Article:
Imatges de pÓgina

wise a large bag full of small shot, and all the men’s clothes I could find, with a spare fore-topsail, a hammock, and some bedding. With these I loaded my second raft, and brought them all safe on shore, to my great comfort. I now went to work, and made a little tent with the sail and some poles, which I cut for that purpose, and I placed within it everything that I knew would spoil, either with rain or sun ; piling all the empty chests and casks in a circle round the tent to fortify it from any sudden attempt, either from man or beast. After this, spreading out the beds upon the ground, and placing my two pistols and gun beside me, I lay down for the first time and slept very quietly all night, for I was fatigued after my labours. I possessed now a large quantity of goods, but I was not yet satisfied, and thinking that while the ship remained upright I ought to get everything out of her, I went on board frequently and brought away some articles at each visit, and, to my great surprise, after I thought I had taken everything of worth in the ship, I found a great hogshead of bread, and three large barrels of rum or spirits, a box of sugar, and a barrel of fine fiour. ' I had been now thirteen days on shore, and had been eleven times on board the vessel, bringing away all that one pair of hands could be supposed capable of effecting, though I believe that if the weather had continued calm, I should have carried away the whole ship in pieces; but, as I was preparing for my twelfth visit, I found that the wind was beginning to rise; however, at low water, I went on board, and while searching about saw a locker with drawers, in one of which I found two or three razors, and one pair of large scissors, with a dozen pairs of good knives and forks. I also discovered about thirty-six pounds in money, besides a variety of gold and silver coins. I smiled to myself at sight of this money and cried aloud :-“ Oh drug! what art thou good for ? Thou art not worth to me one of those knives ! I have no manner of use for thee: remainwhere thou art, and go to the bottom of the sea!” However, upon second thoughts, I took it away. I now began to think of making another raft, but while I was preparing, the sky became overcast and it blew a fresh gale from the shore. I saw that I had better get away before the flood tide commenced, and accordingly let myself down into the channel which lay between the ship and the sands, and it was well I did so in time, for the wind became very violent, and a storm arose. I was, however, safe in my little tent, where I lay with all my wealth around me. It blew very hard all night, and in the morning, when I looked afar, the ship was not to be seen! I consoled myself, however, with the reflection that I had taken from her all that could be useful to me. I now resolved to find a more healthy and a more convenient spot for my dwelling, and I discovered a little plain, on the side of a rising hill, whose front was steep as a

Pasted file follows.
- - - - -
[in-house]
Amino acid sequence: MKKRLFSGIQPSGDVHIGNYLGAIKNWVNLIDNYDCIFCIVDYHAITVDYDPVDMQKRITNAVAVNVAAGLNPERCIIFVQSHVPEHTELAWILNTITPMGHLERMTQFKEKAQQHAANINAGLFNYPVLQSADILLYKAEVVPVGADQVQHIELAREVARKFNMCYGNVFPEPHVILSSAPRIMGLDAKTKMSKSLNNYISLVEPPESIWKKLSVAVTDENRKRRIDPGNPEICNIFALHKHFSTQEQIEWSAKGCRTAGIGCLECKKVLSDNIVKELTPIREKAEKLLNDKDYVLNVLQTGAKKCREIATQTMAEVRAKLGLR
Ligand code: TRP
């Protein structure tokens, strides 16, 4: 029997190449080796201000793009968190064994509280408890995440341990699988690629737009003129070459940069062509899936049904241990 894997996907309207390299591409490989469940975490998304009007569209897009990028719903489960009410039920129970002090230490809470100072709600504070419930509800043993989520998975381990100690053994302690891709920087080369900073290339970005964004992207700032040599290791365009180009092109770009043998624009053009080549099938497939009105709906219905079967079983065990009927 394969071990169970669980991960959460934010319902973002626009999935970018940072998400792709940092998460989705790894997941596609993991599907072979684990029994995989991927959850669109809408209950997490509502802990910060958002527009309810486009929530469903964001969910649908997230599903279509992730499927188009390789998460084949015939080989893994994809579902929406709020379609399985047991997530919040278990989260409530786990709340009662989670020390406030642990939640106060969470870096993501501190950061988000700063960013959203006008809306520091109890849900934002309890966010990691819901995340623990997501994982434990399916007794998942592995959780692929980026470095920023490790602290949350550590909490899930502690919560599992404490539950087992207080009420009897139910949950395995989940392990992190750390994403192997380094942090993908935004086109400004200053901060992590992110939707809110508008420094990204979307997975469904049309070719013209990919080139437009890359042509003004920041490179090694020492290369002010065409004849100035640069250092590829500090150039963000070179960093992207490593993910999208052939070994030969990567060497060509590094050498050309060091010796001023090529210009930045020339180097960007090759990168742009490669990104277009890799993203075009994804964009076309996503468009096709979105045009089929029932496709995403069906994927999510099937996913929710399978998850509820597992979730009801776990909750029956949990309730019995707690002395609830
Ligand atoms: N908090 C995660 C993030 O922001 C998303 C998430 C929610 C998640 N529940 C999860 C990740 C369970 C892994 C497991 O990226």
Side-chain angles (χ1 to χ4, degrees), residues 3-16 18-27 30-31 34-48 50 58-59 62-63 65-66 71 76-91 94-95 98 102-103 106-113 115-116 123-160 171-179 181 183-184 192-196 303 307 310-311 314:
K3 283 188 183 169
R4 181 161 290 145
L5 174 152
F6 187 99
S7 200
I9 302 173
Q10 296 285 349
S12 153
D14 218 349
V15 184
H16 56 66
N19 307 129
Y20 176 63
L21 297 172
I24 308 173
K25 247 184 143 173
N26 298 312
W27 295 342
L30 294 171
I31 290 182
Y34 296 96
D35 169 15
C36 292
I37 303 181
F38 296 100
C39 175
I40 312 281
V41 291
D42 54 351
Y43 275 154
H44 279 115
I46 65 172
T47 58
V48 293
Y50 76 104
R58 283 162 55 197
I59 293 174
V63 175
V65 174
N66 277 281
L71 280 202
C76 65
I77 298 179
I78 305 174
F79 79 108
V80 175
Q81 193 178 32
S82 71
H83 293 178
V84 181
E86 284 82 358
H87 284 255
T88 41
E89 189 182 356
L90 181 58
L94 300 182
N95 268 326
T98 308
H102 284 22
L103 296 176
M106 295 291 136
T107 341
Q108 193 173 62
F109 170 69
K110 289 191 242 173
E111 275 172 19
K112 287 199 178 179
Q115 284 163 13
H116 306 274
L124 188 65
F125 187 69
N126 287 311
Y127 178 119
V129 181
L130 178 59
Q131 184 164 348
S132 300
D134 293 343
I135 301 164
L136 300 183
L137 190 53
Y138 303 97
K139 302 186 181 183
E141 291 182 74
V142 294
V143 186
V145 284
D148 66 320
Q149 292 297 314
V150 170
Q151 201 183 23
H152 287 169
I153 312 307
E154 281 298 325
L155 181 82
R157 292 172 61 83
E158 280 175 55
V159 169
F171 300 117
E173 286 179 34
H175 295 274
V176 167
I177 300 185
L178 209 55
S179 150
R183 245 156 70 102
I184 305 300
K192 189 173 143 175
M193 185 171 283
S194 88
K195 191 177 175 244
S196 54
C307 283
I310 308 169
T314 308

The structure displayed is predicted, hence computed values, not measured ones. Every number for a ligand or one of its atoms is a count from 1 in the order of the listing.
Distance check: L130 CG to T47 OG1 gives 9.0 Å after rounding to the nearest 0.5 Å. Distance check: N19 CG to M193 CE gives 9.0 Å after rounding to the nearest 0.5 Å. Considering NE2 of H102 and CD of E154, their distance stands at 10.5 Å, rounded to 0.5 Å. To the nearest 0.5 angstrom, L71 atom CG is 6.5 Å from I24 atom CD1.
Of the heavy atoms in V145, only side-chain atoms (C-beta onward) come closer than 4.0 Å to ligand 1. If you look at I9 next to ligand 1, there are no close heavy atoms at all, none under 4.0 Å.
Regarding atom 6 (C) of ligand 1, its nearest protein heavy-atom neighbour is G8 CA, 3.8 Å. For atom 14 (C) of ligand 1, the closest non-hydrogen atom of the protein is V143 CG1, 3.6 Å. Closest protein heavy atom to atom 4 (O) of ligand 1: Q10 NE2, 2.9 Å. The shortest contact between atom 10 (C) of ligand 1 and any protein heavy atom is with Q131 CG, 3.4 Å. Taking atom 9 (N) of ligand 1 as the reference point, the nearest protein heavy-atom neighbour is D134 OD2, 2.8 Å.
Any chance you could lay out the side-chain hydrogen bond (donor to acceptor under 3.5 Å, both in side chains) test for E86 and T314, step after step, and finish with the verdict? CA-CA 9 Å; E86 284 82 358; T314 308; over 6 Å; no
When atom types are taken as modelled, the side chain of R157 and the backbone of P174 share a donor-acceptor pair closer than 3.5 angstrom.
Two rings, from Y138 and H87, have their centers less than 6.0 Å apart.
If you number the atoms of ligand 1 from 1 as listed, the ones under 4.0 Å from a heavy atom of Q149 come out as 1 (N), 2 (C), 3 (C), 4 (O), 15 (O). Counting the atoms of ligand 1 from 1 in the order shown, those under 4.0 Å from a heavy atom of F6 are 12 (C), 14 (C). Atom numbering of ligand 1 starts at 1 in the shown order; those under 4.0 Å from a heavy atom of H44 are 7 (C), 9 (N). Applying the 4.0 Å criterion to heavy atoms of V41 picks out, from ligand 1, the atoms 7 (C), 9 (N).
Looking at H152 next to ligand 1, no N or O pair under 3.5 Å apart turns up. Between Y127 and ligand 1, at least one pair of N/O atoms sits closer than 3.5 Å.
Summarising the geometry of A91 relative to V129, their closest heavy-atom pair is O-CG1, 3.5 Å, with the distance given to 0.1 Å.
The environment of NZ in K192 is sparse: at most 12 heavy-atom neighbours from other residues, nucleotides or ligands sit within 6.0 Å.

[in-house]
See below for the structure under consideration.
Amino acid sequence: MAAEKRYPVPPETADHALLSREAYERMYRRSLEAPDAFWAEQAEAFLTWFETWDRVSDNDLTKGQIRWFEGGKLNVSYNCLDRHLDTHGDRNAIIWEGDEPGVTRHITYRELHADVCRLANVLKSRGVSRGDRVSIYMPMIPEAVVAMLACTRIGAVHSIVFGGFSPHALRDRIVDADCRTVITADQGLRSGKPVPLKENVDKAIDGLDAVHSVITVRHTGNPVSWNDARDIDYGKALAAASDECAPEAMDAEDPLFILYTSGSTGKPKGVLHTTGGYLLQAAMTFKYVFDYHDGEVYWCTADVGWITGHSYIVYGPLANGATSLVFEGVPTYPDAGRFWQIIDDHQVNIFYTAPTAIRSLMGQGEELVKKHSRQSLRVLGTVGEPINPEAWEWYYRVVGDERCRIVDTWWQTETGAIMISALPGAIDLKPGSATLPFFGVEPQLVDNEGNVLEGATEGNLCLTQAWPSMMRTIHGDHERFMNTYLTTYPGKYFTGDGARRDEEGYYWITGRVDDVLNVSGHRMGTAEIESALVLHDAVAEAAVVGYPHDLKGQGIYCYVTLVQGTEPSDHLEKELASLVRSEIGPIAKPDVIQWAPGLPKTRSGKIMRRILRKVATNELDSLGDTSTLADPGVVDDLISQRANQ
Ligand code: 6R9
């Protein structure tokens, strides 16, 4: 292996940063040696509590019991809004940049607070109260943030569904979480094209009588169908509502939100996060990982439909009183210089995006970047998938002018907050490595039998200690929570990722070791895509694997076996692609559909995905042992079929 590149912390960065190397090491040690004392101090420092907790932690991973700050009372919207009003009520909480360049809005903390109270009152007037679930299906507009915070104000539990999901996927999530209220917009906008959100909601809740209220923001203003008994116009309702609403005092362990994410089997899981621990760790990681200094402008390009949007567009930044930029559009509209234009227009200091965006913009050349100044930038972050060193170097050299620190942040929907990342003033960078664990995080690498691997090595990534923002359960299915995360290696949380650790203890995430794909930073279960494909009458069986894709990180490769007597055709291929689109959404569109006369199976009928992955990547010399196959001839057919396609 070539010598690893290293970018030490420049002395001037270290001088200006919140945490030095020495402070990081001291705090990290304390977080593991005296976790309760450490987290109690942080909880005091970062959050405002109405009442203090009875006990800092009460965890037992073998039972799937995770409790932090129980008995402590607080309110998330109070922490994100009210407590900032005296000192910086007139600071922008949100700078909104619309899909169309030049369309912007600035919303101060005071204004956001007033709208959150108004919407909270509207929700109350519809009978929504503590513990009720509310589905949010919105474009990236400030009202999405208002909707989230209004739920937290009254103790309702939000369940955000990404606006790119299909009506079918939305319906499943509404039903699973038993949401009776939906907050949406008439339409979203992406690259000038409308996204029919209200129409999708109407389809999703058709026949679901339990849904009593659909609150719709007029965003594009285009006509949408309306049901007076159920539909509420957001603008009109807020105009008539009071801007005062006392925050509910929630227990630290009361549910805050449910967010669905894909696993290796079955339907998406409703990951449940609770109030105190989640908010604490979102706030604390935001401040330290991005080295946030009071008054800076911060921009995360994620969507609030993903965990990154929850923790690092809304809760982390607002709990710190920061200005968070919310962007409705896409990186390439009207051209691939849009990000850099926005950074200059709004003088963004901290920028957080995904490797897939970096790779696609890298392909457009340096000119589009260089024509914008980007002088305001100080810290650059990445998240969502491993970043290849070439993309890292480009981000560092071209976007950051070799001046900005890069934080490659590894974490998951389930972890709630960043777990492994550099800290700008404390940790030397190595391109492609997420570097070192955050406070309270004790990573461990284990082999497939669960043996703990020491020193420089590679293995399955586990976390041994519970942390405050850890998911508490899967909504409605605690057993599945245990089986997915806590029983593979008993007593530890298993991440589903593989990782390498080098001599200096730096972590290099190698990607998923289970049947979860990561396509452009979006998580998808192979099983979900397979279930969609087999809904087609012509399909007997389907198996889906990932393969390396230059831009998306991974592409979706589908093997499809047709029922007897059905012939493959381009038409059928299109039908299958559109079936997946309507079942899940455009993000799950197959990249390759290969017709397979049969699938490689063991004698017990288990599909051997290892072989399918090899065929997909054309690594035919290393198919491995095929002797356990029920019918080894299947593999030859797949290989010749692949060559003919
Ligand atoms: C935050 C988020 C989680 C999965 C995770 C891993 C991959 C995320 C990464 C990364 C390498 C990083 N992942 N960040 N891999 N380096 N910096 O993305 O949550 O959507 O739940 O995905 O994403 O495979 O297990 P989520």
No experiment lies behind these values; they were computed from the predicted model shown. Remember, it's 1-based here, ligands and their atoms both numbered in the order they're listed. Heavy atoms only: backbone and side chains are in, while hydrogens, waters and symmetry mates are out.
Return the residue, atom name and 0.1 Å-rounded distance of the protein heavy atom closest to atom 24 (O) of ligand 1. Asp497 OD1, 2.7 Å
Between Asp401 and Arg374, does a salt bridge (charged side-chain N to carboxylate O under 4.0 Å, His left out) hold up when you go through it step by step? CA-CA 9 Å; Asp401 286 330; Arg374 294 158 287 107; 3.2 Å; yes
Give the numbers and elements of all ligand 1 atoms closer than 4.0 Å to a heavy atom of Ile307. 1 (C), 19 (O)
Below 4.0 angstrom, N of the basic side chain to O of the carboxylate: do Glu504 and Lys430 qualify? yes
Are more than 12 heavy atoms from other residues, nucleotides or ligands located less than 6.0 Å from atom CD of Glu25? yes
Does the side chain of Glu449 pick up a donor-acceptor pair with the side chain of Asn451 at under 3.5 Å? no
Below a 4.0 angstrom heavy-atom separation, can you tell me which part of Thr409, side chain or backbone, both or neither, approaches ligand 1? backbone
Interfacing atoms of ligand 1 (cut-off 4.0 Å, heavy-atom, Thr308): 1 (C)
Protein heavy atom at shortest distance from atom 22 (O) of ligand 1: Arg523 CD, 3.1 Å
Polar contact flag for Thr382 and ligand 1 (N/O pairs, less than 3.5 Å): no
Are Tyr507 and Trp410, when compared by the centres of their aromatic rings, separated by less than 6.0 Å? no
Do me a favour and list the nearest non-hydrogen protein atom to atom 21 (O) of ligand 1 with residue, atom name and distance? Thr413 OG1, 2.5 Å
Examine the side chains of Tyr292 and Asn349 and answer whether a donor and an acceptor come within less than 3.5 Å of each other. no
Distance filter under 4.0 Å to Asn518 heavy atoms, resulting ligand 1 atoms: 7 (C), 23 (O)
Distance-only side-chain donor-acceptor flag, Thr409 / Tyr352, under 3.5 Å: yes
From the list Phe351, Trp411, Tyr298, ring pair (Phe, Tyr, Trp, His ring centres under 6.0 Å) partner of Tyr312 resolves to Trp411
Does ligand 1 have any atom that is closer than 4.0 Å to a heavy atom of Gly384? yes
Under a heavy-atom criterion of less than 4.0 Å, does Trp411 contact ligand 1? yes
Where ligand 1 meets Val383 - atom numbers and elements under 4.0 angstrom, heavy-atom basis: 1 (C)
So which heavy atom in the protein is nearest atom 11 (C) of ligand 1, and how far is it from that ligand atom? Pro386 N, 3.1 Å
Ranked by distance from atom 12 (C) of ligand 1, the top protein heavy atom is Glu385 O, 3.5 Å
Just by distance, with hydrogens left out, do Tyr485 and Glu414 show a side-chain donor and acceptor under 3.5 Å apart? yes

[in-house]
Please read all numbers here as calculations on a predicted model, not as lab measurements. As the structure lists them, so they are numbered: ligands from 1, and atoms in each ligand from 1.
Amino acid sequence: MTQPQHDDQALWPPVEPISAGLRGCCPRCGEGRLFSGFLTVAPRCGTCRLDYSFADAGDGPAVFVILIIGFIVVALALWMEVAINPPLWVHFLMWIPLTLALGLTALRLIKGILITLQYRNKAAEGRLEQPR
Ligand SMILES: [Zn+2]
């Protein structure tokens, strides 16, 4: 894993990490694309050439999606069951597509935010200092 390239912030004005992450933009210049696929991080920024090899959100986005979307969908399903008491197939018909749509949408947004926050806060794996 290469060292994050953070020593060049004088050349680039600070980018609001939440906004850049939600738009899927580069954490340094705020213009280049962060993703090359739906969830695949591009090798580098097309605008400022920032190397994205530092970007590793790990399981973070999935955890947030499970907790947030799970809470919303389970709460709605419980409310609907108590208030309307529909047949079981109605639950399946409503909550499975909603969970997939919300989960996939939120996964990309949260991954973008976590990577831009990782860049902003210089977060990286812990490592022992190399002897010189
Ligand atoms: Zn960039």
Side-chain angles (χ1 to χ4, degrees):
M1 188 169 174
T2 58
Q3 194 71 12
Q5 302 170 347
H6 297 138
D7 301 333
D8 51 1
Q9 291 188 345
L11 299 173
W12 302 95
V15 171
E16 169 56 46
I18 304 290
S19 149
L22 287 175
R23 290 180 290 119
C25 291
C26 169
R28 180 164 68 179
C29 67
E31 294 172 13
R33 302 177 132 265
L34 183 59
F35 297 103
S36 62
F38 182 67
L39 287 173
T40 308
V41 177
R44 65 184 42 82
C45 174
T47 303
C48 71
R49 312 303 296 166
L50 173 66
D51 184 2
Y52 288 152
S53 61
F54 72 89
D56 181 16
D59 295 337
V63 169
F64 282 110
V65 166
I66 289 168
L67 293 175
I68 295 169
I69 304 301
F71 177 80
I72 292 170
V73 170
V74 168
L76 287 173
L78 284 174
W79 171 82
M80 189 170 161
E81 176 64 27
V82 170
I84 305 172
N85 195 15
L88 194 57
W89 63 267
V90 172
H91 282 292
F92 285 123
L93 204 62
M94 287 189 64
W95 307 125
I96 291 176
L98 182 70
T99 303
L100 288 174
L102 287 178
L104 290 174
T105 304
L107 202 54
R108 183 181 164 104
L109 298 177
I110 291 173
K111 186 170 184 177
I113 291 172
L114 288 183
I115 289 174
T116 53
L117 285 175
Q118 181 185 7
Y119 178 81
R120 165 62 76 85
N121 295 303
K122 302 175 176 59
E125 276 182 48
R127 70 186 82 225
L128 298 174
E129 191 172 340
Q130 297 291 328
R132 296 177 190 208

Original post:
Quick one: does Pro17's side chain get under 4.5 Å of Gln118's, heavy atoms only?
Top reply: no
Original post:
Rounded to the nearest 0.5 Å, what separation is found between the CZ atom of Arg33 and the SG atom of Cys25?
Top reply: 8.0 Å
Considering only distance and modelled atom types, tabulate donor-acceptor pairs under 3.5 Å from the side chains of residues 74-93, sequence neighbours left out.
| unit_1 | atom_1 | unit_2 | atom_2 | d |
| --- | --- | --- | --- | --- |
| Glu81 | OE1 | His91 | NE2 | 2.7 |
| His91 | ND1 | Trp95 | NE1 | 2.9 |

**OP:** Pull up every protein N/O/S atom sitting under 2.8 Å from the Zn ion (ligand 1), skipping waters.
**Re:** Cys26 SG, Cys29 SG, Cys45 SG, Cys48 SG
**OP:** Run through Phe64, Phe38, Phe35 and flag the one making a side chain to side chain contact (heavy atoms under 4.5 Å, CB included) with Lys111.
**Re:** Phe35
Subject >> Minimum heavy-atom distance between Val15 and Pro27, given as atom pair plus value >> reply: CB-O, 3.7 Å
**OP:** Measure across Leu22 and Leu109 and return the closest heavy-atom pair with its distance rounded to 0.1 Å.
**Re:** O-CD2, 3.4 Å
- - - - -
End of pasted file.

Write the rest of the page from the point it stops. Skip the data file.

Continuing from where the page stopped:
house, so that nothing could fall down upon me from the top. On the side of this rock there was a hollow place, worn a little way in, like the entrance to a cave, and having set up my tent just before it, I entrenched myself by means of several rows of strong stakes, until I was completely fortified, as I thought, from the intrusion of man or beast, if there were any, although, as it afterwards appeared, there was no need of all this caution. Into this fortress, with great labour, I carried all my riches, provisions, ammunition and stores, and made a larger tent over the small one, with some sails I had brought from the vessel, to preserve me from the rains, which at times were very violent. Having thus enclosed all my goods, I fastened the entrance to my dwelling, and passed and repassed from thence, for better security, by a short ladder.

To divert myself, and to see if I could obtain anything for food, I went out, at least once every day, with my gun, and I soon discovered there were goats upon the island; but they were very shy and swift of foot, but by climbing the rocks above them I had frequently a fair mark, and at the first shot I killed a she-goat, with a kid beside her. These two supplied me with flesh for some time, for I ate sparingly, to preserve my provisions as long as I could, I had frequently sad thoughts on my desolate condition, but reason would reprove my repining, and tell me how often God had preserved me from death, and had bountifully administered to my comfort. It so happened that about ten or twelve days after I had been cast upon this island, I was fearful of losing my reckoning of time for want of books, and pen and ink, and that I should even forget to distinguish the Sabbath days. To prevent this, I cut a register with my knife upon a large post, in capital letters; and making the wood into a great cross, I set it up on the shore where I first landed. The inscription was:—" I came on shore here on the 30th of September, 1659." Upon the sides of this square post I cut every day a notch with my knife, and every seventh notch was twice as long as the others; and every first day of the month was longer still; and thus I kept my calendar, a weekly, monthly, and yearly reckoning of time. But fortunately among the many things I had brought from the wreck, I had found, on examining the chests, pens, ink, and paper, together with three or four compasses, some mathematical instruments, dials, perspectives, charts and books of navigation, with three very good bibles, and several other articles. And I must not forget that we had in the ship a dog and two cats; the two latter I carried away with me, and as for the dog, he jumped out of the ship and swam after me to shore, remaining a trusty servant for years afterwards. I wanted nothing that he could fetch me, nor any company that he could make up to me; I only wished he would talk with me, but that would not do. As I observed before, I found pens, paper, and ink, and while